The African Servant, The Cottage Conversation and A Visit to the Infirmary (Free PDF Download)
Legh Richmond was called upon by a naval officer, who had an African servant that desired to be baptized. He proceeded to interview William and found that he had a firm grasp of Christian principals and was indeed worthy of baptism. Impressed with his simple sincere religion, Rev. Richmond took him to a meeting with other Christians. He spoke of his unworthiness and all hearts warmed to him. "This I do know, he was a monument to the Lord's praise. He bore the impression of the Savior's image on his heart, and exhibited the marks of divine grace in his life and conversation, with singular simplicity and unfeigned sincerity."—Legh Richmond speaking of The African Servant. This title is also called The Negro Servant. The Cottage Conversation is a narrative about contentment in poverty. A Visit to the Infirmary involves a dying old man that is very thankful and wants nothing more but grace to praise the Lord.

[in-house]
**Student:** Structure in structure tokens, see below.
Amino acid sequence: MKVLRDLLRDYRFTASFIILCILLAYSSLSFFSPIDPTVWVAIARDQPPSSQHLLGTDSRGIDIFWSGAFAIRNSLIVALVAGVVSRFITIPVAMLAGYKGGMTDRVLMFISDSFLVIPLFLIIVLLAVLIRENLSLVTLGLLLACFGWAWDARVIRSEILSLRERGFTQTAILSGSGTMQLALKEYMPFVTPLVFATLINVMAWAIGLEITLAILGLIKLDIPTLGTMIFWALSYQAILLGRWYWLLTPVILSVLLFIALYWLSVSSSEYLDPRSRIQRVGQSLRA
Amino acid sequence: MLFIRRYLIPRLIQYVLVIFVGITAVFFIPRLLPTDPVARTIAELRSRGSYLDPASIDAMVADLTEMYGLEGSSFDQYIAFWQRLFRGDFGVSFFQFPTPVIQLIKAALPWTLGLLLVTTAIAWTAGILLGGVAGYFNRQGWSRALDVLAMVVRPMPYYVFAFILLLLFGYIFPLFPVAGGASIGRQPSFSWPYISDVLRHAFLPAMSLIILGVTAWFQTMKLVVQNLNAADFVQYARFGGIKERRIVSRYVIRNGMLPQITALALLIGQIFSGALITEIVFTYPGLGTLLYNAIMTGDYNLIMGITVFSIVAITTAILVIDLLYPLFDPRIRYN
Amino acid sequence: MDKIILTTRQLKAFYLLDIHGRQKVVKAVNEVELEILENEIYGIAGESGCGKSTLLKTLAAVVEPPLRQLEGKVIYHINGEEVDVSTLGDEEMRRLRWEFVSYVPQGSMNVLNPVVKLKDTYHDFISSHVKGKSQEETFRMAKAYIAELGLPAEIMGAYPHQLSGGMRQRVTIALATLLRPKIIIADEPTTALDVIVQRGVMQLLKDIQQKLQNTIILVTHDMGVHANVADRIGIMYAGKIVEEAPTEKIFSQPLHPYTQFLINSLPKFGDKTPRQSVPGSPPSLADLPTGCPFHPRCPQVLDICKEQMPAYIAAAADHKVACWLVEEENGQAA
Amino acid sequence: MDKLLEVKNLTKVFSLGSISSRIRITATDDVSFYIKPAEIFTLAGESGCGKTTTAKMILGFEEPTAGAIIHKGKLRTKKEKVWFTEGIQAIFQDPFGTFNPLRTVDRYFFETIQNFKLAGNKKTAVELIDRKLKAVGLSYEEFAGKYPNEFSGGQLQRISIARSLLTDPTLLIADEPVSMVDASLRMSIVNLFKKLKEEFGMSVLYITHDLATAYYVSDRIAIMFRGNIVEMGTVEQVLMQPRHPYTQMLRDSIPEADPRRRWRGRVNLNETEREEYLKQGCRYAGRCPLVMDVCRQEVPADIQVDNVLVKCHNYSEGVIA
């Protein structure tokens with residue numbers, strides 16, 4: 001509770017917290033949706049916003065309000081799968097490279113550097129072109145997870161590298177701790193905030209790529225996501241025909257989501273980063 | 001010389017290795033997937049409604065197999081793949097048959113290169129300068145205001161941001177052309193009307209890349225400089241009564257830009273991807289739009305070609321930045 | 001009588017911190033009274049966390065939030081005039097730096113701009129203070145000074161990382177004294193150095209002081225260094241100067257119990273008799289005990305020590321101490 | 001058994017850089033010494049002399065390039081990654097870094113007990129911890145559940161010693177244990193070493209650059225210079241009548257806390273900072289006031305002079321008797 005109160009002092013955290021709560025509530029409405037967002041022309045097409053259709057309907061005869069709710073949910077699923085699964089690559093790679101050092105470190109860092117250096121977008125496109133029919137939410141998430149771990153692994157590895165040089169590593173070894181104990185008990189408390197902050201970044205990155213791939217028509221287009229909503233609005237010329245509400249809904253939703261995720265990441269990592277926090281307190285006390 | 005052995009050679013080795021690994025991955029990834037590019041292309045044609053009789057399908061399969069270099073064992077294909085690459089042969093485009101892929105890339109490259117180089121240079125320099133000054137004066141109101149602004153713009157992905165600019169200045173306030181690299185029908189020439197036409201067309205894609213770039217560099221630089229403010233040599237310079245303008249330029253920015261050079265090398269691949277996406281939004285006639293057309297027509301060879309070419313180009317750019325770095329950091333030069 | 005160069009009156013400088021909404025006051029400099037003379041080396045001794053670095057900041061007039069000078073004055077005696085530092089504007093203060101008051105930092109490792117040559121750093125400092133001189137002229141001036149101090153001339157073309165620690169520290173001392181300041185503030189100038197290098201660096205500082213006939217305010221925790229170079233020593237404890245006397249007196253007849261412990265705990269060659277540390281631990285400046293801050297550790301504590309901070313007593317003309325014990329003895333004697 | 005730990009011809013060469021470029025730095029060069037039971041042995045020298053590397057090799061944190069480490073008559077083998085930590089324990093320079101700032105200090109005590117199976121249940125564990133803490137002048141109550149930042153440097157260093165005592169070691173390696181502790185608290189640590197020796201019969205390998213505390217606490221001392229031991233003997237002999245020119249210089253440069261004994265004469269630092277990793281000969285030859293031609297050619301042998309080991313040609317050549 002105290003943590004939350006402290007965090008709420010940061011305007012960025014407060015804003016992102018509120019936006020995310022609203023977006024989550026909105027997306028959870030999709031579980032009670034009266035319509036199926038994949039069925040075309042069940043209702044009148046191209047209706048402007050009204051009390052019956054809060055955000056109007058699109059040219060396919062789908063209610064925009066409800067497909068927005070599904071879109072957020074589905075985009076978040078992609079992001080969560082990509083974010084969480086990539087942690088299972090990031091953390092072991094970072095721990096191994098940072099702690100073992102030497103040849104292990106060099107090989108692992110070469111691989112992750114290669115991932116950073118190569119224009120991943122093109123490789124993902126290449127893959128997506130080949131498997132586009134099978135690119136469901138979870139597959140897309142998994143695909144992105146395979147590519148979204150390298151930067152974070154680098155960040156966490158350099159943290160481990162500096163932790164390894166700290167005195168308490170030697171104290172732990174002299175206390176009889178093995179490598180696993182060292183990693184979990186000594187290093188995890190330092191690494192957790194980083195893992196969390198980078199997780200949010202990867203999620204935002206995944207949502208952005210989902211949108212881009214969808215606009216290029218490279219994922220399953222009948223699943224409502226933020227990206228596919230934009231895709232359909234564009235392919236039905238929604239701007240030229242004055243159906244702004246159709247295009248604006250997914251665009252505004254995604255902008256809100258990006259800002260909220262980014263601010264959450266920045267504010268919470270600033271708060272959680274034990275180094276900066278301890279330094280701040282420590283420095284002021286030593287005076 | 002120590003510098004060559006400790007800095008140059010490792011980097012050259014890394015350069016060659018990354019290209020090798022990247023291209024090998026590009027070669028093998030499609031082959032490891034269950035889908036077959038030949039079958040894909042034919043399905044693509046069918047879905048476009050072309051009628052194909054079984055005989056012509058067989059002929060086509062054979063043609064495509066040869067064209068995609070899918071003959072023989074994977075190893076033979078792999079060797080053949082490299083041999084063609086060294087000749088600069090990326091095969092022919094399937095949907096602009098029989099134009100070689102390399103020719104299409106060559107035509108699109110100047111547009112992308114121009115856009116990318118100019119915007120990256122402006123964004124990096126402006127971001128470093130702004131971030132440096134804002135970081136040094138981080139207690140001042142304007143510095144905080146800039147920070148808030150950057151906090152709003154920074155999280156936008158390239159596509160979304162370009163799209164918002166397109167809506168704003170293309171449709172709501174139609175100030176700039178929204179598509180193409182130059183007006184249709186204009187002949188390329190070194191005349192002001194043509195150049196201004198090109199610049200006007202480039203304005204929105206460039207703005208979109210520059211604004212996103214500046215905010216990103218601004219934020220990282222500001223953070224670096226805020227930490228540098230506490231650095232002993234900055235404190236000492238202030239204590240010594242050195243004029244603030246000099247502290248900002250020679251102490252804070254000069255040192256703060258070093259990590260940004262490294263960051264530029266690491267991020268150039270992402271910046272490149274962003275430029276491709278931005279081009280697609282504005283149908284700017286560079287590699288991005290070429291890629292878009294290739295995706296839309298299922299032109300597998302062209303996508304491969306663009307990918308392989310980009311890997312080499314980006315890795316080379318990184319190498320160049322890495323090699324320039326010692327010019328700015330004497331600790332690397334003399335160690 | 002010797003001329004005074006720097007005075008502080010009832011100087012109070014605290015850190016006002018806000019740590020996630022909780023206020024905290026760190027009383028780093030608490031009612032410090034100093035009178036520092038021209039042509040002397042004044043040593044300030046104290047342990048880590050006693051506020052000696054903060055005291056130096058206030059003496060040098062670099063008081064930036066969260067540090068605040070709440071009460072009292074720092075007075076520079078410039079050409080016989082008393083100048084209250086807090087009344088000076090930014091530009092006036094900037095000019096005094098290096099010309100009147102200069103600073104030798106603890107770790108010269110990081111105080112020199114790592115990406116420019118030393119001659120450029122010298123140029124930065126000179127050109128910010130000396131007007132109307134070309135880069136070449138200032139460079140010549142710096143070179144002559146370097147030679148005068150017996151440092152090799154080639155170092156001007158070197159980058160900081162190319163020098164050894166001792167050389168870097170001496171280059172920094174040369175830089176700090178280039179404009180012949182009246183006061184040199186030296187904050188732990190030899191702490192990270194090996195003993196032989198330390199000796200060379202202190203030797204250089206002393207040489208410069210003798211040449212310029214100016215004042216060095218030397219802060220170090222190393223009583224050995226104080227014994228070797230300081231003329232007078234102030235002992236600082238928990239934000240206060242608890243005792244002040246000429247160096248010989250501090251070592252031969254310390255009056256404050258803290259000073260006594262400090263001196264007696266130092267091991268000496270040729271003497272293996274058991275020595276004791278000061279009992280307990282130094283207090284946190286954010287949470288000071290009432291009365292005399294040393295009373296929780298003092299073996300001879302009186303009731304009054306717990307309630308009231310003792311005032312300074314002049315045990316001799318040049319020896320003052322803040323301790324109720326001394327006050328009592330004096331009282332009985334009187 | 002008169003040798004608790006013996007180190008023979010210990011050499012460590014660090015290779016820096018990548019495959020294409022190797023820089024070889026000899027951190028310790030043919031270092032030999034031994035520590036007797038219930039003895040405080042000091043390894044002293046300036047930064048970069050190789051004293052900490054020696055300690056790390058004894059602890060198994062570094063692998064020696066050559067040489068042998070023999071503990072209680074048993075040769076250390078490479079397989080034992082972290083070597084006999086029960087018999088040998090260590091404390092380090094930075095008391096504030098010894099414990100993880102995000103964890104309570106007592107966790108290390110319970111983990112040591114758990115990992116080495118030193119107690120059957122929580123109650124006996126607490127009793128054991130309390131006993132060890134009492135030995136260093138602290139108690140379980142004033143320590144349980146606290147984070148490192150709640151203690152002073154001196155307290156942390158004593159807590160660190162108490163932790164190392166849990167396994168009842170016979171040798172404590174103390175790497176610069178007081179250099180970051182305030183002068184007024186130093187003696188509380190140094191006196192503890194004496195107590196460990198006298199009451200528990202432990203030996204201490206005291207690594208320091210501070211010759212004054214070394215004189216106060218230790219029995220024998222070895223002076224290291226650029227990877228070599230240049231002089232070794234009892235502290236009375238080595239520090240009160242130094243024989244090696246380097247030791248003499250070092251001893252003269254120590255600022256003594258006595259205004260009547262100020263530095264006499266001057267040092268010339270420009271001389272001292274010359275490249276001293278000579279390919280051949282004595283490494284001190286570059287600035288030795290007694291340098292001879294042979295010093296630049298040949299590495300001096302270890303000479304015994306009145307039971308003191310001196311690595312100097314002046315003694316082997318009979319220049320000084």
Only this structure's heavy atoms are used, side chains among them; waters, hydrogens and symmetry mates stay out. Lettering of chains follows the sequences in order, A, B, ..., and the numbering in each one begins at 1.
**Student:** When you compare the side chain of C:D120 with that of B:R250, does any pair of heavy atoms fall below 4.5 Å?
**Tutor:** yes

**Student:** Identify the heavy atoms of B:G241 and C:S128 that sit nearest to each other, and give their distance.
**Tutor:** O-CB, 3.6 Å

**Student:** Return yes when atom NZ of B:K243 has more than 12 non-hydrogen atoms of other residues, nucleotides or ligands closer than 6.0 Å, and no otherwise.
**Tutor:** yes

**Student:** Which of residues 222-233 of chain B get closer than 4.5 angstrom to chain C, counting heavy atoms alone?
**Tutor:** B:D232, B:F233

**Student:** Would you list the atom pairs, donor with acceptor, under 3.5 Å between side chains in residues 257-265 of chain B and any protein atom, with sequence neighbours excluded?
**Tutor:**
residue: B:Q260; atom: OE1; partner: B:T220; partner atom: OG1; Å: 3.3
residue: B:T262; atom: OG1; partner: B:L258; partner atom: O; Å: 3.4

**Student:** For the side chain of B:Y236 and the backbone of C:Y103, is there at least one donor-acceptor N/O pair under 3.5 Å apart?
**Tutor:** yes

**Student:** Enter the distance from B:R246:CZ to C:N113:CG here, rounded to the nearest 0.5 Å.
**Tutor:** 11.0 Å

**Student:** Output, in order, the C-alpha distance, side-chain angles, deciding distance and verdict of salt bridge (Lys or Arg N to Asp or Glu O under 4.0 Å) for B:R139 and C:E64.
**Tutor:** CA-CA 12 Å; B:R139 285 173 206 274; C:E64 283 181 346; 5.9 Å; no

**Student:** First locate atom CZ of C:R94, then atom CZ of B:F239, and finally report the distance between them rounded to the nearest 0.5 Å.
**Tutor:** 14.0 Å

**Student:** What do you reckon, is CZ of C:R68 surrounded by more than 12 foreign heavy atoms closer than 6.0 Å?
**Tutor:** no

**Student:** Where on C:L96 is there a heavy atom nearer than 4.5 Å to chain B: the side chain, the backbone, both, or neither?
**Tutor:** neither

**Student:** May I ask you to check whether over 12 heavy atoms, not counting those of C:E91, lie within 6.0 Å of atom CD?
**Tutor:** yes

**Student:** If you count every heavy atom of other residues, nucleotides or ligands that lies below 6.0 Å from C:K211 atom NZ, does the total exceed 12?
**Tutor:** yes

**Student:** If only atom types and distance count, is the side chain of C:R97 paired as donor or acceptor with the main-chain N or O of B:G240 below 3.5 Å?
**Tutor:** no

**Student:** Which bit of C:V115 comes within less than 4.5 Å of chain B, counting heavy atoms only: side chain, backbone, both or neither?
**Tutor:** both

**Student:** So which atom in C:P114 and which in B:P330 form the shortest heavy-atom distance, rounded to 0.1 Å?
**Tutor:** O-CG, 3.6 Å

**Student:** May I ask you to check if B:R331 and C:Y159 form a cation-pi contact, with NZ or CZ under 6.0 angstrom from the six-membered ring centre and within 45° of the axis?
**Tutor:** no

PDF 6"X9"; 2 illustrations; 54 pages.
LEGH RICHMOND (1772–1827) was born in Liverpool, England. His father, Henry, was a physician. As a child he had a bad fall and permanently injured his leg. He attended Trinity College in Cambridge and received his A.B. and M.A. degrees. He soon married Mary Chambers. The young clergyman entered the ministry in the Isle of Wight in 1797. When he read Practical View of Christianity, he had a spiritual awakening, and respectfully named his son Wilberforce, after his much loved friend William Wilberforce. On the Isle of Wight he met The Dairyman’s Daughter, The Young Cottager, and The African Servant. In 1805 he moved to Turvey, where he was a much loved pastor and wrote The Fathers of the English Church.